The opening sequence from THE SOUND OF MUSIC was followed by the concert version of "So Long, Farewell" from near the end of the movie...a perfect way to end the evening.

Setting aside my dissatisfaction with some of the music selections, all in all it was a memorable evening from start to finish. If TCM sponsors future evenings at the Bowl, I'd love to attend.


Blogger Jacqueline T. Lynch said...

Terrific. Thanks for taking us along.

5:07 AM  
Blogger Raquel Stecher said...

That's so exciting that you got to see Robert Osborne in person.

I don't think I would have enjoyed the modern musical pieces. But it does sound like a fun event. And it's so interesting that TCM was celebrating 20th Century Fox, especially since Warner & Fox are rival studios. Maybe Fox was just happy someone was celebrating them?! :-)

6:28 AM  
Blogger DKoren said...

I wanted to go to this, but alas, it didn't happen. Thanks for the report! I would have loved the Laura section!

8:10 AM  
Blogger Laura said...

I'm glad you all enjoyed it! I was interested to learn that there has been at least one TCM at the Symphony concert at the Bowl in the past; in 2009 Osborne hosted an evening with Rodgers and Hammerstein.

Raquelle and Jacqueline, on the chance you're not already aware, TCM has also partnered with the Boston Pops.

Best wishes,

8:38 AM  
Blogger Moira Finnie said...

This is the very first opportunity I've had to see images of the modern Hollywood Bowl, and I am so grateful that you thoughtfully shared this experience here via your words and pictures. It must be a lovely setting to hear live music under the stars.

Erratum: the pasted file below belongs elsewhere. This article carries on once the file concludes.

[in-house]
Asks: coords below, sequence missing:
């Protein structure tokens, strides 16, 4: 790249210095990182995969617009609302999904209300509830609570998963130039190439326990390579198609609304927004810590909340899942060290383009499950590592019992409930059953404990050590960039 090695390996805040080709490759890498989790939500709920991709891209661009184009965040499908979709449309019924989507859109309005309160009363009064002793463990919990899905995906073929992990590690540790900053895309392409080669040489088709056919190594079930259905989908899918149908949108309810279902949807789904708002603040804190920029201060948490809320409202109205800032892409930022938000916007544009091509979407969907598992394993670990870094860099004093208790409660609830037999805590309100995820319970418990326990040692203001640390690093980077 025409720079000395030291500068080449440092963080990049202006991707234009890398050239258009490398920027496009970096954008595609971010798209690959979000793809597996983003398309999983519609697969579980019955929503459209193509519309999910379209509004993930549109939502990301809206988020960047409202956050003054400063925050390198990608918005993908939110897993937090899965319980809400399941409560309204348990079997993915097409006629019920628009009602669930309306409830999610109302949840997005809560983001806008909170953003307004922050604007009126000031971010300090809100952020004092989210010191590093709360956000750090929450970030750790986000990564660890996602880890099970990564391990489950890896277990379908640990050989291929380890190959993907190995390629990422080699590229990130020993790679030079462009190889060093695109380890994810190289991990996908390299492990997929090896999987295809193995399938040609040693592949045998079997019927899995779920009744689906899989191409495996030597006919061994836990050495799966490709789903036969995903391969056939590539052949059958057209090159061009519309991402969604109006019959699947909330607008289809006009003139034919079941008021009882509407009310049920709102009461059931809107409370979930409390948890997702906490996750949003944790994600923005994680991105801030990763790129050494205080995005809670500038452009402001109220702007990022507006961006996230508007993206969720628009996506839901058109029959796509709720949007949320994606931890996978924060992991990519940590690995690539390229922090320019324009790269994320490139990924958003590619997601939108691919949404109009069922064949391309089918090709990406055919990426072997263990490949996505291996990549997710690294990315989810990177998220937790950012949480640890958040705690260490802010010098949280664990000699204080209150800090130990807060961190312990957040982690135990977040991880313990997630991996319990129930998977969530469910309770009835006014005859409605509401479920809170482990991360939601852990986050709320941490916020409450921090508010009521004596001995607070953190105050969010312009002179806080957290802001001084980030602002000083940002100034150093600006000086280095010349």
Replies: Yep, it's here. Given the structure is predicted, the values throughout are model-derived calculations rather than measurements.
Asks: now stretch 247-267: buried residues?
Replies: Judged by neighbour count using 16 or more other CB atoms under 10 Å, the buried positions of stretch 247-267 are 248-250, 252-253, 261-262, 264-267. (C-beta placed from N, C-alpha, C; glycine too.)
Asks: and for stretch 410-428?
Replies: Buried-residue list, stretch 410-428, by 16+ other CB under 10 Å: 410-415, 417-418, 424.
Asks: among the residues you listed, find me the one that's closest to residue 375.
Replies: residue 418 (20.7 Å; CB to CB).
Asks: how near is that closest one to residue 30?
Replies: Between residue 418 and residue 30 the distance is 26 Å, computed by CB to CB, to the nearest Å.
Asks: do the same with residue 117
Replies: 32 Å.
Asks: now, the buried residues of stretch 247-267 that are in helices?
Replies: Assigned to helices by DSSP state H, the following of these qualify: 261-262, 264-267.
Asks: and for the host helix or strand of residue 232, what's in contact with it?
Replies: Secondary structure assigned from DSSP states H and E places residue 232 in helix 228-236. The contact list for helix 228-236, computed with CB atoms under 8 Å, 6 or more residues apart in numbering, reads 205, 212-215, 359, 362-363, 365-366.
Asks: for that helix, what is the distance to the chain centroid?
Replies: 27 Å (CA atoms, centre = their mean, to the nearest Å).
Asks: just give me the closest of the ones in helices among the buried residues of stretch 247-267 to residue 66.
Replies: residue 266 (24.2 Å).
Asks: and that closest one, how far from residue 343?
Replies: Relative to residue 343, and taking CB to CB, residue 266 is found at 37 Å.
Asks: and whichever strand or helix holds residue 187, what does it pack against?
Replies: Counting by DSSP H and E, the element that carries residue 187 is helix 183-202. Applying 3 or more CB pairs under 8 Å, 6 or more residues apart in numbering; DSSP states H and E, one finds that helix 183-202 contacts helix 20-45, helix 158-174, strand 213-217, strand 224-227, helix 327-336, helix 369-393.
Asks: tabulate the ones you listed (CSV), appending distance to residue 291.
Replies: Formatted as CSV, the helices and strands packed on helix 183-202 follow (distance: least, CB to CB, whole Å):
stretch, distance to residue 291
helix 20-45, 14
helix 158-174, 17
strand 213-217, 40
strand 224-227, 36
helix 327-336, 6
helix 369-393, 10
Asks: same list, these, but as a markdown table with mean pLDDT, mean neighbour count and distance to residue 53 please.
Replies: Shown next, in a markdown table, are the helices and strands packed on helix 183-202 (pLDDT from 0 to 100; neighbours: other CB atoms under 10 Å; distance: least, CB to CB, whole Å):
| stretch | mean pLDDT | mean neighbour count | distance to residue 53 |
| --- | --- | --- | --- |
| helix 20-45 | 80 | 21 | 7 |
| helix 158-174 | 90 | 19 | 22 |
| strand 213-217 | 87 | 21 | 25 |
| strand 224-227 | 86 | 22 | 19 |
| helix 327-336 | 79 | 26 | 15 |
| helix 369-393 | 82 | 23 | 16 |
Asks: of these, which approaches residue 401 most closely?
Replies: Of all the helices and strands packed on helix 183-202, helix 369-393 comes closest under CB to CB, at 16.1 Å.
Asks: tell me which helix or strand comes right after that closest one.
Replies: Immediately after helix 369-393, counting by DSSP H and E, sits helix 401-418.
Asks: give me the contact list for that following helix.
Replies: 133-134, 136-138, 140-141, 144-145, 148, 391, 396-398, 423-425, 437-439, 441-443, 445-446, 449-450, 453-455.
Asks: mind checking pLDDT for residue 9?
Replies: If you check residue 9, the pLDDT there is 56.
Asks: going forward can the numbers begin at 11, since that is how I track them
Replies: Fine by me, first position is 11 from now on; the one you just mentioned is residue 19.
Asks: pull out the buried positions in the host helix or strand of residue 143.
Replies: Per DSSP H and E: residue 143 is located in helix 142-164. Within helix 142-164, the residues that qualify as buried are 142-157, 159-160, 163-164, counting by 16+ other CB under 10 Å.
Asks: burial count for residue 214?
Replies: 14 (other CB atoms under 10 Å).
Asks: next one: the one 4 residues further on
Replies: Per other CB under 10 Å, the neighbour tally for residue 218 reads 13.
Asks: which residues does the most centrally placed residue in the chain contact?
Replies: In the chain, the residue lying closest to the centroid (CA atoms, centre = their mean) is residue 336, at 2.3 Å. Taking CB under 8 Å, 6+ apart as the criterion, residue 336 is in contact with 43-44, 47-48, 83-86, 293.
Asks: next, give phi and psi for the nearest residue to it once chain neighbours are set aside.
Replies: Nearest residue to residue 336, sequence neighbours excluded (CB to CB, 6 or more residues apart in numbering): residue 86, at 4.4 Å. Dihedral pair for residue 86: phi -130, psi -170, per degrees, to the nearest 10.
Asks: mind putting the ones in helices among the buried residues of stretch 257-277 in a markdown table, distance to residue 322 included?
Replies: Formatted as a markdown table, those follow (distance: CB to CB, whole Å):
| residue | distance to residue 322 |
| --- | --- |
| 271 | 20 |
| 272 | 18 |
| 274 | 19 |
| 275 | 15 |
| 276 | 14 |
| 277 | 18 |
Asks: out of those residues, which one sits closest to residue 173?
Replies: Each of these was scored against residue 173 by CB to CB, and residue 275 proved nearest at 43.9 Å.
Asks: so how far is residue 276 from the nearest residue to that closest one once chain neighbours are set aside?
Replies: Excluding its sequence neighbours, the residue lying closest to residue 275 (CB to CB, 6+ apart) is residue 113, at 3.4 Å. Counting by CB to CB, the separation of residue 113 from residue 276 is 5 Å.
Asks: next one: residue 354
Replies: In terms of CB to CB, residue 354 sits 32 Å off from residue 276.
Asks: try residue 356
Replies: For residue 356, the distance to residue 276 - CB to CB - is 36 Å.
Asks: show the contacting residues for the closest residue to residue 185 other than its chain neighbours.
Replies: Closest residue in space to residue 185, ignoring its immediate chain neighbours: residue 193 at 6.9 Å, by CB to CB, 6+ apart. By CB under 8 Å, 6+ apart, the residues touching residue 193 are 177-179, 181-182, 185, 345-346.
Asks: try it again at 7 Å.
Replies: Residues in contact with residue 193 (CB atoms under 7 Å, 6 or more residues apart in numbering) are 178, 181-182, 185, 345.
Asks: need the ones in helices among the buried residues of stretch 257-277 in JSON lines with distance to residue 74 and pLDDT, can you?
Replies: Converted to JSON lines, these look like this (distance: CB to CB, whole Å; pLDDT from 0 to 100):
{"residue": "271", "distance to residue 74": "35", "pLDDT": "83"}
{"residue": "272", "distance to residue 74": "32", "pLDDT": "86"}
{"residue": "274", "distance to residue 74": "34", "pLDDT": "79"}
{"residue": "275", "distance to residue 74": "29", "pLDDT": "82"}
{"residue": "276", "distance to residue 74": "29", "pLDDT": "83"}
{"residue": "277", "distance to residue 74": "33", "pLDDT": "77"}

But tell me it ain't so, Laura, please. A tribute to 20th Century Fox and one of the greatest film composers in film history was not included?

NO Bernard Herrmann??? That means no sound of the sea and longing found in The Ghost and Mrs. Muir? Or the moody romanticism of Jane Eyre, or Prince of Players? Not even a little bit of ominous notes in Journey To The Center Of The Earth? And not even a few snatches of the nine harps that Bernie threw in when orchestrating the underwater scenesBeneath the 12-Mile Reef?

Herrmann's music raised so many movies to a higher plane, and I just love the sounds the man could compose to match the moods of a film with a few instruments. Would Fox and Warner's films be as memorable without Herrmann and Max Steiner's creativity? Or that of Alfred Newman--whose greatest score may be the rousing, Spanish-tinged Captain From Castile?

I can understand wanting to represent Alfred Newman's considerable contributions to film for the studio, but gee, no room for Bernie?

Do you think this oversight might be due to some rights issue?

2:48 PM  
Blogger Laura said...

It's wonderful hearing from you, Moira! You're right, it's a beautiful setting.

I so agree with you that it really isn't right they skipped over Herrmann and his many musical contributions to the studio...I suspect that the reason may be that they wanted to make room for several more "marketable" scores (meaning from modern popular movies) that might attract people who don't typically attend Bowl concerts. It would be interesting to know for sure exactly who selected the music and why. The conductor, David Newman, surely must be well acquainted with Fox film music beyond his father's and uncles' scores.

Best wishes,

5:01 PM